Doing it all the hard way...

Monday, September 22, 2014

Coffee and Lies #91 I can hear the ocean

 Almost; but not quite...
This past weekend was a conglomeration of atypical happenings.   The following is a summary of those events.

In no particular order the first oddity was that I slept almost eleven hours Friday night.  I’ve been training hard and it would be a lie to say it finally caught up with me. It caught up with me a week ago; this was just the first opportunity to sleep in and I took it.

Because of Hottie’s bike crash we opted to stay in town this weekend.  It provided some opportunities to do things that were not in the plan had we gone away.  One of those things was that I did a cross race that I had intended to skip.  I emailed my Sensei and told him I would race and anticipated he would change my Saturday workout from a thrashing to a warm up.  Without a hint of a pause he responded that I should keep the same thrashing on Saturday as this was scheduled to be a “heavy” weekend. Thank you very much.

Dutifully I punished myself with over/unders Saturday morning.  When I finished I threw my bike clothes into the washing machine and heard them splash in the empty drum because they were soaking wet. I could feel those efforts in my legs the rest of the day.  This was on top of a week where I had done stairs and over/unders already. Ouch!    I am learning how to fall asleep with sore legs.   It is a skill worth cultivating.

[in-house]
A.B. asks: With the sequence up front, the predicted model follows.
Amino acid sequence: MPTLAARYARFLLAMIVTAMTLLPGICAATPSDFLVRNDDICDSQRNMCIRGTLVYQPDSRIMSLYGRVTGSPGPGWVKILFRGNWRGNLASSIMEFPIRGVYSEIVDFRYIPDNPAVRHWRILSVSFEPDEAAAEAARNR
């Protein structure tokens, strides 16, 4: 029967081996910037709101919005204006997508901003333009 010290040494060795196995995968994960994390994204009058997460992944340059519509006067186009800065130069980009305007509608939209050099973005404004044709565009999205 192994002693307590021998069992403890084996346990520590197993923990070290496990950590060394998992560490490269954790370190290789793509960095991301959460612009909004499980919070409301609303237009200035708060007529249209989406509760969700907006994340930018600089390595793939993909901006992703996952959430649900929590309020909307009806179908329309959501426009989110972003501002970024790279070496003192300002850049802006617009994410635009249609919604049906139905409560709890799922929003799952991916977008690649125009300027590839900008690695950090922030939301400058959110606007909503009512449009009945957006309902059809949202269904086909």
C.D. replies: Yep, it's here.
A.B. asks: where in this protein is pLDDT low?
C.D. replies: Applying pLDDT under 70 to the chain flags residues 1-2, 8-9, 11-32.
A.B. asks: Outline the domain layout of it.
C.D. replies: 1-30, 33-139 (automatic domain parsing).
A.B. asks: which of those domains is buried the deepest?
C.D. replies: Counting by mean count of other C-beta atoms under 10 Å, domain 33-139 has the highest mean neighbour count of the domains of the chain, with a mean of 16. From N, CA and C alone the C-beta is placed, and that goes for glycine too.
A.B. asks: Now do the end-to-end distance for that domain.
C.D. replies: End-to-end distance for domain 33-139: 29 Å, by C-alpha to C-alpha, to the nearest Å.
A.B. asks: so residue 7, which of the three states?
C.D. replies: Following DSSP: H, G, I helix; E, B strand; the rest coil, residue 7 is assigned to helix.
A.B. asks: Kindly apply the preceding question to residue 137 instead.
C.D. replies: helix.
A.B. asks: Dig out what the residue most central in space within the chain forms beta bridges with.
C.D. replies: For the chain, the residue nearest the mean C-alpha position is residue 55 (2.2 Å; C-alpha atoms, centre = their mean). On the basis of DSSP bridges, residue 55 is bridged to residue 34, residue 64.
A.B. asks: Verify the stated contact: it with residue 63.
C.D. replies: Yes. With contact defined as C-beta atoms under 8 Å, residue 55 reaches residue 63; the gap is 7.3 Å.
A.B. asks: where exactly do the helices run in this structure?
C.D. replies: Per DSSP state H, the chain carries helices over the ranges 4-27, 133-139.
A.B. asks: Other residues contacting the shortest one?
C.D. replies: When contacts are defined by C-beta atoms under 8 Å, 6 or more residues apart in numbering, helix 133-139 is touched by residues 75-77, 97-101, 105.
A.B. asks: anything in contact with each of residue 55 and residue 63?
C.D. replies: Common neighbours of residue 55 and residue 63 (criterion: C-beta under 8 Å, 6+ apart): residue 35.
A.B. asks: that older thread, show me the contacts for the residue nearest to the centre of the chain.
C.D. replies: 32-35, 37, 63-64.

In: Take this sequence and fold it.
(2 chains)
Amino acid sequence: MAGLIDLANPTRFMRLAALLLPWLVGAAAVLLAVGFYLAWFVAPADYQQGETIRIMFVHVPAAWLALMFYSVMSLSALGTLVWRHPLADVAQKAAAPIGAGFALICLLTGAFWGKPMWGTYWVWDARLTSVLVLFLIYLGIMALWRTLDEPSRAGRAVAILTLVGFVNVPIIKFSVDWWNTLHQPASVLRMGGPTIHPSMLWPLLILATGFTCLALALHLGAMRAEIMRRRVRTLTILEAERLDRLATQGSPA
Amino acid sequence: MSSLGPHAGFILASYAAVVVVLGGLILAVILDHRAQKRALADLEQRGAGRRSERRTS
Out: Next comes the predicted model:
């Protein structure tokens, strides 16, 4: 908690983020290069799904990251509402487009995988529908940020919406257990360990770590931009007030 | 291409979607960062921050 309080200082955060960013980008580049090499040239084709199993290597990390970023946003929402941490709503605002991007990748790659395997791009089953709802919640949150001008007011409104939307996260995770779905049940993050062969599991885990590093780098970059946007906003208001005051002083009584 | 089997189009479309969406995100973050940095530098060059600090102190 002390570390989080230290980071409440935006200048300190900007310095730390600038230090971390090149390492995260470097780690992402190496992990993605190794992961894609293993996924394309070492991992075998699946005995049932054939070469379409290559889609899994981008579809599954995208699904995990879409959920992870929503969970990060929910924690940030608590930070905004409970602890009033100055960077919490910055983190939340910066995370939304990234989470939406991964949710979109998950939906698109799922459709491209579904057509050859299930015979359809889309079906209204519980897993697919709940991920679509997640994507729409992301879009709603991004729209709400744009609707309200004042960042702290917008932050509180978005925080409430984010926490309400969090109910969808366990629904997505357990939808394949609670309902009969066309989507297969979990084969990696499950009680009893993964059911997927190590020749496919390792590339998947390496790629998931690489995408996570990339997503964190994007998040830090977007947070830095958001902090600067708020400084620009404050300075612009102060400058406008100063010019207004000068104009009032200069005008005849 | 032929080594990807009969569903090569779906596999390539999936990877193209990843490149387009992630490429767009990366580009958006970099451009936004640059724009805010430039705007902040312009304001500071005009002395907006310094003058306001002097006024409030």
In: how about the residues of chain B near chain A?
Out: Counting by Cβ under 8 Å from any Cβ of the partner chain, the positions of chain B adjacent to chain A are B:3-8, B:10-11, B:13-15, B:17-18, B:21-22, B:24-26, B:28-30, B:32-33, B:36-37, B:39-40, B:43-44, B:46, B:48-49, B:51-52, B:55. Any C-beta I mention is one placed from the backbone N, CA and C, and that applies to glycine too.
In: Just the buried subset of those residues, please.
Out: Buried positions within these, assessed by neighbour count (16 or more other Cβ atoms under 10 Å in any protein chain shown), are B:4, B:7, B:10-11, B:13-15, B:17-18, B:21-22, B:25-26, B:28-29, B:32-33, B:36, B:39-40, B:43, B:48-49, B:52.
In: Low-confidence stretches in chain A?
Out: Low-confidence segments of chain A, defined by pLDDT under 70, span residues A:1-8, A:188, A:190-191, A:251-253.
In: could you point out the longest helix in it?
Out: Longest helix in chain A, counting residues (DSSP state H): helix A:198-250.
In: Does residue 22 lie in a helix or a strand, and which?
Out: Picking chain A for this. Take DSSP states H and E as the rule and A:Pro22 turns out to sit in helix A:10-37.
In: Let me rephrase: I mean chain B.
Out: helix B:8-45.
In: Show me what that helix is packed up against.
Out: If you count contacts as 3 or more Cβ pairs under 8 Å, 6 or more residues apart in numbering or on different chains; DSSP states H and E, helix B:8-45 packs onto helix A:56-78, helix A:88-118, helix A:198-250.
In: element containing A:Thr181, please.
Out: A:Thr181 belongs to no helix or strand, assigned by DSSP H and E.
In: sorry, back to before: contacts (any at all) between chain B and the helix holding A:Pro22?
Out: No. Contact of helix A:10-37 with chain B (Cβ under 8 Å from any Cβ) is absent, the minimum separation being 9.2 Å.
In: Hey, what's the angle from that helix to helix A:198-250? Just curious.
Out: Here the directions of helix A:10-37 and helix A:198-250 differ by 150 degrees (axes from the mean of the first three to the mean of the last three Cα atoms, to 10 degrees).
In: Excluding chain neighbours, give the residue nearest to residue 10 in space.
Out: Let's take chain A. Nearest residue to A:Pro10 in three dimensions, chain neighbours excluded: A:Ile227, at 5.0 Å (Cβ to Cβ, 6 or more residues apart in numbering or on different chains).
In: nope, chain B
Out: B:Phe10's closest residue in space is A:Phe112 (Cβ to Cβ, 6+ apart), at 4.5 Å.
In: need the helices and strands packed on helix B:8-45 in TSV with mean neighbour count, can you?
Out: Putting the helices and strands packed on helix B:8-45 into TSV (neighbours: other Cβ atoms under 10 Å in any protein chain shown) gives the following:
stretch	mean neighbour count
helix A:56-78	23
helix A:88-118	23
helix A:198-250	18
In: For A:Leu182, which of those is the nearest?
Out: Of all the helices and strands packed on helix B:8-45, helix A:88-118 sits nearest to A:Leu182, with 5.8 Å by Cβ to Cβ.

Tux, as a former professional racer, how did you sleep with sore legs?
As it happens; El Chefe’ was supporting a fund raiser by skipping sleep for four days making and selling his award winning BBQ ribs.  Since we were now in town, Hottie and I picked up some of his BBQ perfection and had a picnic at Alki.   We had enough left over that we called it dinner on Sunday evening.   

Hottie was moving slowly and painfully from her injury and because she is a rabid Seattle sports fan she opted to watch the Seahawks once again dispatch the Denver Broncos. This made more sense than shooting pictures of middle aged men in Lycra riding bikes in the sand.  Thus I went to the race solo.  I can’t recall the last time I raced without having my personal photographer at the race. Yeah; poor me.

I met up with Guy, El Pirate and Mr. T who would all get a head start on me at the appointed hour. Big Ben was there as well who would had so much fun passing me he did it twice.

My race was tough on every level.  It was freakishly hot by Cyclocross standards and there were two long sections of soft beach sand that could be ridden only with herculean effort and no traffic issues.  The balance of the course was a serpentine nightmare with an uphill literally around every one of the eight hundred corners found on each lap. I know others seem to have found a rhythm but I never did.  I didn’t have good lines and fought the course the whole day. The endless series of short accelerations didn’t suit my sore legs on this day.  I was reminded of some of the single track at South SeaTac back in the day. On that purgatory of a course, there were sections that I just could not get going fast no matter how much horsepower I had in my legs. This felt the same way.